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Opeth - Ghost Reveries CD (album) cover

GHOST REVERIES

Opeth

 

Tech/Extreme Prog Metal

4.23 | 1066 ratings

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3 stars A Step in the right Direction

Where "Ghost Reveries" differs from much on offer in the realms of Prog Metal, is the organic and spontaneous feel given to the composition by judicious use and re-use of existing thematic material - and avoiding the traps of going off at ludicrous tangents by considerately using material that provides a true contrast, as opposed to yet another riff.

And so it is that "Ghost of Perdition" gives us the first glimpse of this truly progressive style, with only a few minor hiccups.

The opening is a rather nice mellow guitar that suddenly explodes into a Doom style riff, although somewhat elongated and stretched in time, with vocals that, while appropriate in style, don't seem quite "right" (whatever right is - you just feel it) - too comic book for my tastes. This has nothing at all to do with the "growling" style in itself, which has been used to great effect by other bands, but the manner in which Akerfeldt uses them here.

This is followed by a kind of quasi-funky bouncy riff, over which the flat vocals appear. Fortunately, the riff is engaging enough to distract from the vocals, which are just there - the lyrics aren't coloured in any way by the music, so we take them to be there because a song needs lyrics - and they are repeated, which kinda emphasises this.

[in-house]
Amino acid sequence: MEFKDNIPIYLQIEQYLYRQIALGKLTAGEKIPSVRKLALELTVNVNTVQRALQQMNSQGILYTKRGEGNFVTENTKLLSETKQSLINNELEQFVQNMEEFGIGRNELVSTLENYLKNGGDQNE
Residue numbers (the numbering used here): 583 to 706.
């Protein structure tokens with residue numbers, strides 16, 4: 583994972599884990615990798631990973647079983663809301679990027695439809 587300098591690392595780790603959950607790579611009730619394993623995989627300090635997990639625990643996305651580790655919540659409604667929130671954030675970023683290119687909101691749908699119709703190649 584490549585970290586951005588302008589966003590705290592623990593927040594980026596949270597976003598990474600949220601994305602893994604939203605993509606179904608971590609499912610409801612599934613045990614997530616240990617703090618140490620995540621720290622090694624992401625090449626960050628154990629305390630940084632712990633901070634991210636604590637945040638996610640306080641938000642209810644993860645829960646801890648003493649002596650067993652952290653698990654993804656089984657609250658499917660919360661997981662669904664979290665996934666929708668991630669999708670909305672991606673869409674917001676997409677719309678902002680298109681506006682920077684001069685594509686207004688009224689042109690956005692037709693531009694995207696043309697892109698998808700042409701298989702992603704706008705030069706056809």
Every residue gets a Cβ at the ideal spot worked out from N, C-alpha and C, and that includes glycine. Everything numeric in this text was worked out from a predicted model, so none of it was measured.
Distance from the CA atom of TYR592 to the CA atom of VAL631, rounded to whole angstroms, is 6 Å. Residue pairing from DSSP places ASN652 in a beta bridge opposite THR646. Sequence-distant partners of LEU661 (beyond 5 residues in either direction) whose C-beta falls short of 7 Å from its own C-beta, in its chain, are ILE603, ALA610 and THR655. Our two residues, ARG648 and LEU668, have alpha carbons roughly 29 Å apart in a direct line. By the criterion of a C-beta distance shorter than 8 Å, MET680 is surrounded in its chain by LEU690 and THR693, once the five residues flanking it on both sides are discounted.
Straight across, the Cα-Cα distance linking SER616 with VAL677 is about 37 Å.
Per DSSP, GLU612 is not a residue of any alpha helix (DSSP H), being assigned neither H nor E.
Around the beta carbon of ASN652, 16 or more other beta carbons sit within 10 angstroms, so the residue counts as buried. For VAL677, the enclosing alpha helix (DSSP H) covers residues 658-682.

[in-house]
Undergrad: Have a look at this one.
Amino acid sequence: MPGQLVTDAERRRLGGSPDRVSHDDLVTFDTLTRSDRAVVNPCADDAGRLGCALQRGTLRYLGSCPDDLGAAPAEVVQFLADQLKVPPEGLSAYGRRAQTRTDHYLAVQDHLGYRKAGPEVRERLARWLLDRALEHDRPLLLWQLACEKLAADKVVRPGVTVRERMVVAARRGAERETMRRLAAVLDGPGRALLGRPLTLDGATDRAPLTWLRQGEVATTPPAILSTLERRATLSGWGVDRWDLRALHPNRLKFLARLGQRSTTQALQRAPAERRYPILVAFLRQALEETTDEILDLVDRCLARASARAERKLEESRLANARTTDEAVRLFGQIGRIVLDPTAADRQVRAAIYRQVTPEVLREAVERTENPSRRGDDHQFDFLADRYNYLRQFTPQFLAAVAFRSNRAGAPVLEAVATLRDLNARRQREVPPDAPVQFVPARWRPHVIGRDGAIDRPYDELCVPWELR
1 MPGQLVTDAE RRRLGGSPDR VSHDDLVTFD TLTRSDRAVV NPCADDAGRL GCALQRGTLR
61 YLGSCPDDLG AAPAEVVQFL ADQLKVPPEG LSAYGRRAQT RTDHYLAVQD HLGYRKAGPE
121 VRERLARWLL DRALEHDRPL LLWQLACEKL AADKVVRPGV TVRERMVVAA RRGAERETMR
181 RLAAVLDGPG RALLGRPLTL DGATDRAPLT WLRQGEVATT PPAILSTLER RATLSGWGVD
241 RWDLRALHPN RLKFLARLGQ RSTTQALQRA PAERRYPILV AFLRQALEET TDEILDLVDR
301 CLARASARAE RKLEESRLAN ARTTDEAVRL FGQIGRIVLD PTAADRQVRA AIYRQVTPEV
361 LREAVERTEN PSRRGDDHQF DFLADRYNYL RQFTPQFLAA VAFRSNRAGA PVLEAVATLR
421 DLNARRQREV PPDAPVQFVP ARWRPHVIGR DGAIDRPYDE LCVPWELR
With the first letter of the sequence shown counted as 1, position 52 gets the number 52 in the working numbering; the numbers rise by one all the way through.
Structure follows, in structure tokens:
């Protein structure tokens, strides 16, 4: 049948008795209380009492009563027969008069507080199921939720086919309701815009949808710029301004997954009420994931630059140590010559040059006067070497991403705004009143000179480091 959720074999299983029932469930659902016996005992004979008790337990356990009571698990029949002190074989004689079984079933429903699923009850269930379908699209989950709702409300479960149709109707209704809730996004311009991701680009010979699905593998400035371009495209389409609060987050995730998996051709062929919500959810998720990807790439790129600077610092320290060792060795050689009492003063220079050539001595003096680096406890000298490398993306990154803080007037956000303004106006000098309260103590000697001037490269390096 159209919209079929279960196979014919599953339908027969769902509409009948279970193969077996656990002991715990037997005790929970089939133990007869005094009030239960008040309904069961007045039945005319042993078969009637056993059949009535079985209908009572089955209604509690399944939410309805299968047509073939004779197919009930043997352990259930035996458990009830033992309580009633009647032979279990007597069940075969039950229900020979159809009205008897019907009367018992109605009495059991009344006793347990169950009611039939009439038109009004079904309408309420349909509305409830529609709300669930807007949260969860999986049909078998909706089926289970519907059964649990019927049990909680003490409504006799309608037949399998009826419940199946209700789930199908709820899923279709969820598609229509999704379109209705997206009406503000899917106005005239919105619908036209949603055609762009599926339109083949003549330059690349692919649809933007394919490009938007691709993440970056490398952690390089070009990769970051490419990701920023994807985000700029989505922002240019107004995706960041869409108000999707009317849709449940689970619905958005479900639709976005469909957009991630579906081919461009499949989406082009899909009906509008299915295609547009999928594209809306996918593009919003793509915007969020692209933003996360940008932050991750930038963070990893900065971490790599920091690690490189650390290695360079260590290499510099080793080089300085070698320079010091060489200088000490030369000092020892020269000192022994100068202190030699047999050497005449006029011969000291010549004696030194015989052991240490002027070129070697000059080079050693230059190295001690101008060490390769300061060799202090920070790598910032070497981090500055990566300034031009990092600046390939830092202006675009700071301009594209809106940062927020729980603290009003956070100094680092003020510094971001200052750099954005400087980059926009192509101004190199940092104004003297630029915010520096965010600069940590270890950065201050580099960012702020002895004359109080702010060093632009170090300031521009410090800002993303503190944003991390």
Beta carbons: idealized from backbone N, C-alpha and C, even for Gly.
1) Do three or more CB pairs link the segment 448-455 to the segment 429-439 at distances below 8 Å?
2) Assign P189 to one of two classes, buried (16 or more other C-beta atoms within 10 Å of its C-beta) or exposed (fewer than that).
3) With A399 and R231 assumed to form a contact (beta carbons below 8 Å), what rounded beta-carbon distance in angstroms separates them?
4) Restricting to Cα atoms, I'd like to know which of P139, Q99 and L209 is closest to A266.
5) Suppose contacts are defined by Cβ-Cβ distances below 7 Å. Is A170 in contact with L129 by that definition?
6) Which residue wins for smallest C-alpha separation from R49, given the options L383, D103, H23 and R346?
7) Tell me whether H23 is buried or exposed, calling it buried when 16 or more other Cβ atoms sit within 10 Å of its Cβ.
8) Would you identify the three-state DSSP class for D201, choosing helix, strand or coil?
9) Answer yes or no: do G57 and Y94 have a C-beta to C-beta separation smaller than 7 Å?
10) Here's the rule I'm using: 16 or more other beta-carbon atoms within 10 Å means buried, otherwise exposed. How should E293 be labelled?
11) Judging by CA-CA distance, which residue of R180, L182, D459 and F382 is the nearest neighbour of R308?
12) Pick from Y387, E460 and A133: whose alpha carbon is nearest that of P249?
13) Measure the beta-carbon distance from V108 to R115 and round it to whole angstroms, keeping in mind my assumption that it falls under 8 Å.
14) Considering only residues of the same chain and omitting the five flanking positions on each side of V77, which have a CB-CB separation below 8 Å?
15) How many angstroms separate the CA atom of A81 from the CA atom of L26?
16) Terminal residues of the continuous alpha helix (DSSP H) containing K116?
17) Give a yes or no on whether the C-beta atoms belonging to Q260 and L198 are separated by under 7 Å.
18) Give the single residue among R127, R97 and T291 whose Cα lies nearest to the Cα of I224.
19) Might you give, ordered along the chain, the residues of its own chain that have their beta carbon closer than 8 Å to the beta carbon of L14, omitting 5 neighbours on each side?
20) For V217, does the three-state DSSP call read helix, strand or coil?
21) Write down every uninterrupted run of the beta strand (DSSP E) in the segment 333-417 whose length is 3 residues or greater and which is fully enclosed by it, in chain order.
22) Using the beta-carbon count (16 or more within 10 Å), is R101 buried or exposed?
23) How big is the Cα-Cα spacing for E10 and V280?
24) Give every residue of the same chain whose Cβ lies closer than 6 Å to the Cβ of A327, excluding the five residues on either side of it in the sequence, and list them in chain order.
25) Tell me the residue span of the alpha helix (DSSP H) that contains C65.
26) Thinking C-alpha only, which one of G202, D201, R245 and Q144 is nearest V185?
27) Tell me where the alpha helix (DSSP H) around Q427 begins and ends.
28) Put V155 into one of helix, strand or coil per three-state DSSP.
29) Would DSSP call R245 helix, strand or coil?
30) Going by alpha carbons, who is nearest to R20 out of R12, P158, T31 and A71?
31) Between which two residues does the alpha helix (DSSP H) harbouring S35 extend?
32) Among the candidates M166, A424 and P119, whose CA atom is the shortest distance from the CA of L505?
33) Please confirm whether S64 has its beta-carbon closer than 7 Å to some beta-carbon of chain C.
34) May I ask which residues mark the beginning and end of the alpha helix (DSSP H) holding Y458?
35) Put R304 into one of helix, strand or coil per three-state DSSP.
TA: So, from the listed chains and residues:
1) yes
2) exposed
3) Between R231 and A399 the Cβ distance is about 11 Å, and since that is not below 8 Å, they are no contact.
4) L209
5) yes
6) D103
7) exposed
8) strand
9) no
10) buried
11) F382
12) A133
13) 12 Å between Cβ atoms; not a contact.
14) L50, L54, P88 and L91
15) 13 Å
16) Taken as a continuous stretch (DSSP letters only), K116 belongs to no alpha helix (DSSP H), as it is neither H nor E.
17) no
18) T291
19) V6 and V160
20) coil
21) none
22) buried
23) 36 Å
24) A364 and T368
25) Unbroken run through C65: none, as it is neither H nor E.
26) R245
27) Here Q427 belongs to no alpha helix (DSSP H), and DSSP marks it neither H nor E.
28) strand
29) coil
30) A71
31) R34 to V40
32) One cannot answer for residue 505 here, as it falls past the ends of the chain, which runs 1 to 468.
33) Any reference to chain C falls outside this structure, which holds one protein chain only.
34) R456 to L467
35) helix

A flurry of related and developing rifferama follows this, and takes us to the A section - the growling vocals, which are difficult to make out. Just as well, really, as when you know what they are, you wonder why the vocal tone was necessary - it seems to have been used more to underline the feeling of different tonal colours in the section than to drive the lyrics forward.

A new, lighter idea follows, more smoothly than it has any right to really, and emphasises the progressive feel of the piece well by some excellent word colouring on "winding ever higher".

The riff that follows is derived from the first and second - a nice piece of development - although the vocals don't really add much except a rhythmic counterpoint. In keeping with the soft/loud sections structure, this is stripped back, then built up to a more intense section with processed vocals.

What follows is a nice surprise, texturally - the Mellotrons are brought forwards for some nice tonal colours, but then it goes a little Pete Tong - there are vertical "splats" in the riffs that follow, not the nice crunchy and squishy parts, but the sudden moments of discomfort and utter wrongness that tantalisingly drift into and out of view. This would be a fine section to the song if it wasn't for those.

More development of thematic material follows, implying a relatively complex structure to the song - but with still too much emphasis on individual sections for me to consider full-blown Prog.

Nonetheless, there is much intelligent thematic development, so a Prog Metal song it is - and a really good one it would be, with decent lyrics and vocals.

The Hammond on "The Baying of the Hounds" gives a creepy Uriah Heep goes Death Metal flavour - which, again, really is rather good. The vocals fit perfectly - somehow the comic book aspect is not so apparent here as elsewhere. The lyrics are a cut above the average Death Metal band - but still a little 6th-form. As before, in the melodic section that follows, the melodies are flat and uninteresting - and at some points, the words seem crowbarred in, as if to underline their insignificance in the song.